All around the world, children, on the cusp of puberty, go through a rite of passage. These rituals symbolize their transition into adulthood, a journey that’s only just beginning. Deep in the woods of Minnesota, this rite of passage is deer hunting.
Cold November follows the story of Florence (Bijou Abas), affectionately nicknamed Flor, a 12 year old girl who is about to hunt her very first deer. Her mother Amanda (Anna Klemp) and grandmother Georgia (Mary Kay Fortier-Spalding) have been preparing her for this moment. She learns how to properly use and care for a hunting rifle, a family heirloom, how to dress for the hunt, what to do in the look out spot, how to shoot the deer, and what to do with a deer or buck once it’s been killed. In the midst of all this Flor gets her period, another sign that womanhood is just around the corner. For this family and their community, deer hunting is not for sport; it’s for survival. The process is treated with respect and the animal is not a trophy, rather a means to feed the family. It’s a ritual passed on from one generation to the next and in this matriarch this is a treasured tradition. Visiting Flor and her mom are aunt Mia (Heidi Fellner) and uncle Craig (Karl Jacob). The couple are going through their own transition as they deal with the loss of their daughter Sweeney. We follow Flor as she prepares for her first hunt, how she deals with frustration on multiple hunts that result in no kills and what happens when she finally gets the opportunity to use all the knowledge and training she’s acquired but has to do it all on her own.
In his director’s statement, Karl Jacob writes “I hope to challenge the stereotype that the hunting ritual is an inherently male practice. I grew up in a similar situation to Florence, where my mother, aunts, and grandmother played a huge part in my life and had also gone through this hunting experience as young women.” Jacob’s character Craig is the only male character in the film. This is truly a story about women. Three generations in a matriarch and how they prepare their youngest for the life ahead. The female perspective is highly valued and respected in the story. Flor’s first period is a significant moment in the story and it’s given time. Foreshadowing the hunt in the future, Flor has to deal with this change all on her own.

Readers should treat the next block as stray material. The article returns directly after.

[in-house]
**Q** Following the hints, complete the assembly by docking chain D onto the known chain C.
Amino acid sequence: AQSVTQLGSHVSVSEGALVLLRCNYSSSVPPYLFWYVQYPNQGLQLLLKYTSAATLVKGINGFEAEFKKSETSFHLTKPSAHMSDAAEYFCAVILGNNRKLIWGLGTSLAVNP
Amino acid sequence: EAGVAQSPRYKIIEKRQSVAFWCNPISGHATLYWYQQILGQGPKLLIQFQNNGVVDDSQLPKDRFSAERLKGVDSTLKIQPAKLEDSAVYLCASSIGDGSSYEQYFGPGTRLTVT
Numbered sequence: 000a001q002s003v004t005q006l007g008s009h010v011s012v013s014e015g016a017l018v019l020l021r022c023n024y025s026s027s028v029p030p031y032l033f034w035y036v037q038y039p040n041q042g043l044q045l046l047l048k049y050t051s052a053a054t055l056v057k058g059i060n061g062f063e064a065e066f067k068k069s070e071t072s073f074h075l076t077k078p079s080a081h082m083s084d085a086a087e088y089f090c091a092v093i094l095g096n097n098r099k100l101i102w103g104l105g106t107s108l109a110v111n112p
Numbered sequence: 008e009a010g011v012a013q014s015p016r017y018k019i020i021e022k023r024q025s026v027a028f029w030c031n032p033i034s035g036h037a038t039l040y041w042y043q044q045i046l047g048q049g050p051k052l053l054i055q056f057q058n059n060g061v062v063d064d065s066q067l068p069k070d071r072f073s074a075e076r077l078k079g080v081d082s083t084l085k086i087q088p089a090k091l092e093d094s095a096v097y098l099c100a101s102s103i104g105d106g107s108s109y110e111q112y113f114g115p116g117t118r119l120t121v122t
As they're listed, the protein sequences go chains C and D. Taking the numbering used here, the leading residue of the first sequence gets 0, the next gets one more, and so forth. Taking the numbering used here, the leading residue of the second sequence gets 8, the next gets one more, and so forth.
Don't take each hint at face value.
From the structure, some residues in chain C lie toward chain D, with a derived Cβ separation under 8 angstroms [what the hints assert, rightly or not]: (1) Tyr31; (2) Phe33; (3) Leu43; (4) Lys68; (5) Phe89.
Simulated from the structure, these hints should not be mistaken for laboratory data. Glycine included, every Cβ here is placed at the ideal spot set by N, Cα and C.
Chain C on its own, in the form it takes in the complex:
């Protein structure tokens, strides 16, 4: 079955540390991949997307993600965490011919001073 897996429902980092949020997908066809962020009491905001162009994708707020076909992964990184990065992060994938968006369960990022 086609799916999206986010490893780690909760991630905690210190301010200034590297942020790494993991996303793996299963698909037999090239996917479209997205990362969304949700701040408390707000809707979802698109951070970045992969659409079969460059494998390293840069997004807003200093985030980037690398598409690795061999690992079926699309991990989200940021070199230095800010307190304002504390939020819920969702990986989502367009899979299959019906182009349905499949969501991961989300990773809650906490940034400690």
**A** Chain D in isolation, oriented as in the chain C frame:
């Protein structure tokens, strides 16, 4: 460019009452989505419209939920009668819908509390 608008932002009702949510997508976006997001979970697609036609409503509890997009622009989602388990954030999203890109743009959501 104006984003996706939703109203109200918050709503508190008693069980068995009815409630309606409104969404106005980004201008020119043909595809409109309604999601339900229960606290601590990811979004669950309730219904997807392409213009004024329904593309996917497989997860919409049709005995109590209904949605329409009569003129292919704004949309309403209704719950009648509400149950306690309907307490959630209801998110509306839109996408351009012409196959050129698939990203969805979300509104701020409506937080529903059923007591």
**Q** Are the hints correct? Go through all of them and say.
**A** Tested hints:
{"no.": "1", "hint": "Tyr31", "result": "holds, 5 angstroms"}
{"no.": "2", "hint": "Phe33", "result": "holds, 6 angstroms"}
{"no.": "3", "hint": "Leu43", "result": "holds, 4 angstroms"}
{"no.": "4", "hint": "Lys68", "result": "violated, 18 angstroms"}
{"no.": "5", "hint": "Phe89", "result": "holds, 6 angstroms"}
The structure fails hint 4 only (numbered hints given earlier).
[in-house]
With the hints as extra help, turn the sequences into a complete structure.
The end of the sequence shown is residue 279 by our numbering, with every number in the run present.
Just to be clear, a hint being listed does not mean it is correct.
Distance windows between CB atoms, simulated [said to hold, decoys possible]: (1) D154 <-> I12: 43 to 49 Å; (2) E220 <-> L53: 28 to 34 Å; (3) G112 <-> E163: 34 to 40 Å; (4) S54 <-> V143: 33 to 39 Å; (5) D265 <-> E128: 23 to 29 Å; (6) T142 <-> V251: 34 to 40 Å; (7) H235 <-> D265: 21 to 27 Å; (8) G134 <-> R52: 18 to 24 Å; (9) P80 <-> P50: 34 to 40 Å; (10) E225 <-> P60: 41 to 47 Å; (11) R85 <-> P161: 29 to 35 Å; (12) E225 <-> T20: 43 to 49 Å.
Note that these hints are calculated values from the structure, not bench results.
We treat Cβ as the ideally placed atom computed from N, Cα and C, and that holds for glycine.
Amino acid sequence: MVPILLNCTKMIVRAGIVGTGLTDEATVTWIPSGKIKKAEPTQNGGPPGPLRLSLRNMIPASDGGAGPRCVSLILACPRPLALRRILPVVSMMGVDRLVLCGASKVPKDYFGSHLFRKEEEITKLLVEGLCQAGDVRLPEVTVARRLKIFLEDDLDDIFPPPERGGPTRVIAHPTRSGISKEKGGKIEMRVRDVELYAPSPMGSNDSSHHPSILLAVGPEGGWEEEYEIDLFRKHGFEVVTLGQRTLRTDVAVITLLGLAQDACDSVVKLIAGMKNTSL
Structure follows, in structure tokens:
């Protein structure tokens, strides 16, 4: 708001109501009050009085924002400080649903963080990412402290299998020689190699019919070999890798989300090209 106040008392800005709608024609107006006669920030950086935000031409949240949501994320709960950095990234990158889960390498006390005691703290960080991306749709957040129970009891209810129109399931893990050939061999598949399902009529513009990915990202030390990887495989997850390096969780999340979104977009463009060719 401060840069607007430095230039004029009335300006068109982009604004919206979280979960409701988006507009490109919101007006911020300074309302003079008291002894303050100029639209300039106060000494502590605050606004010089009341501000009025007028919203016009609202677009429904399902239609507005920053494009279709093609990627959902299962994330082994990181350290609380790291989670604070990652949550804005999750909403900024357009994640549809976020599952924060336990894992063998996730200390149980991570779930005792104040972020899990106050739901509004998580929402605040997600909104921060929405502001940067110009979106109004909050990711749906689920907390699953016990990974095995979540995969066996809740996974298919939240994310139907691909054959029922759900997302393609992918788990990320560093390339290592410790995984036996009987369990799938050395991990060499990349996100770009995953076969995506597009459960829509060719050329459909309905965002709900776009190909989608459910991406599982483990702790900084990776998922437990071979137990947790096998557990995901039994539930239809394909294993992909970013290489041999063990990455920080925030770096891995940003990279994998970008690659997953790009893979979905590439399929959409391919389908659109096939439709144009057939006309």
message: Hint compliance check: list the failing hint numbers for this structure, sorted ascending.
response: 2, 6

The movie is spare and beautiful. It gives itself room for the characters to have their moments and for the story to live and breathe in its own world. There is no rush to get anywhere but its also expertly paced. I loved the cinematography especially the bright colors of the hunting clothes against the stark backgrounds. It reminded me of Track of the Cat (1954) where Robert Mitchum wears a bright red coat against a muted color palette of the backwoods during winter. My only minor criticism with Cold November is that I didn’t care for the one scene when the camera shoots from inside a deer carcass looking out. This felt unnecessary to me.
In order to truly appreciate the film, you must be comfortable enough to watch the women handle dear carcasses. You won’t see the moment of death nor will you see the animal suffer. In one scene you’ll hear a buck call out in pain but its quickly shot to put its out of its misery. The film makes an effort to show respect for the deer and the hunt. Craig reveals to Flor how he thanks the animal after a kill. Flor’s mother Amanda talks at length about how they use the meat for sustenance, how not to kill more than you need and not letting the animal suffer. If you are vegan, vegetarian or a member of PETA, you probably won’t want to watch this film. I’m an omnivore and I have enough respect for the cycle of life and the killing of animals for meat that I know when to criticize the process. For example, I refuse to eat veal and salmon because of what I believe are unethical farming/hunting methods. Cold November treated hunting for deer and the consumption of venison with great respect which I appreciated.
Cold November won the 2017 Memphis Indie Film Festival Jury Award for Best Narrative Feature. It began as a Kickstarter project and is now available on iTunes, Vimeo and Amazon Prime.
This is a fantastic indie film with wonderful performances, stunning cinematography and a great care for its subject. I highly recommend you give Cold November a try.
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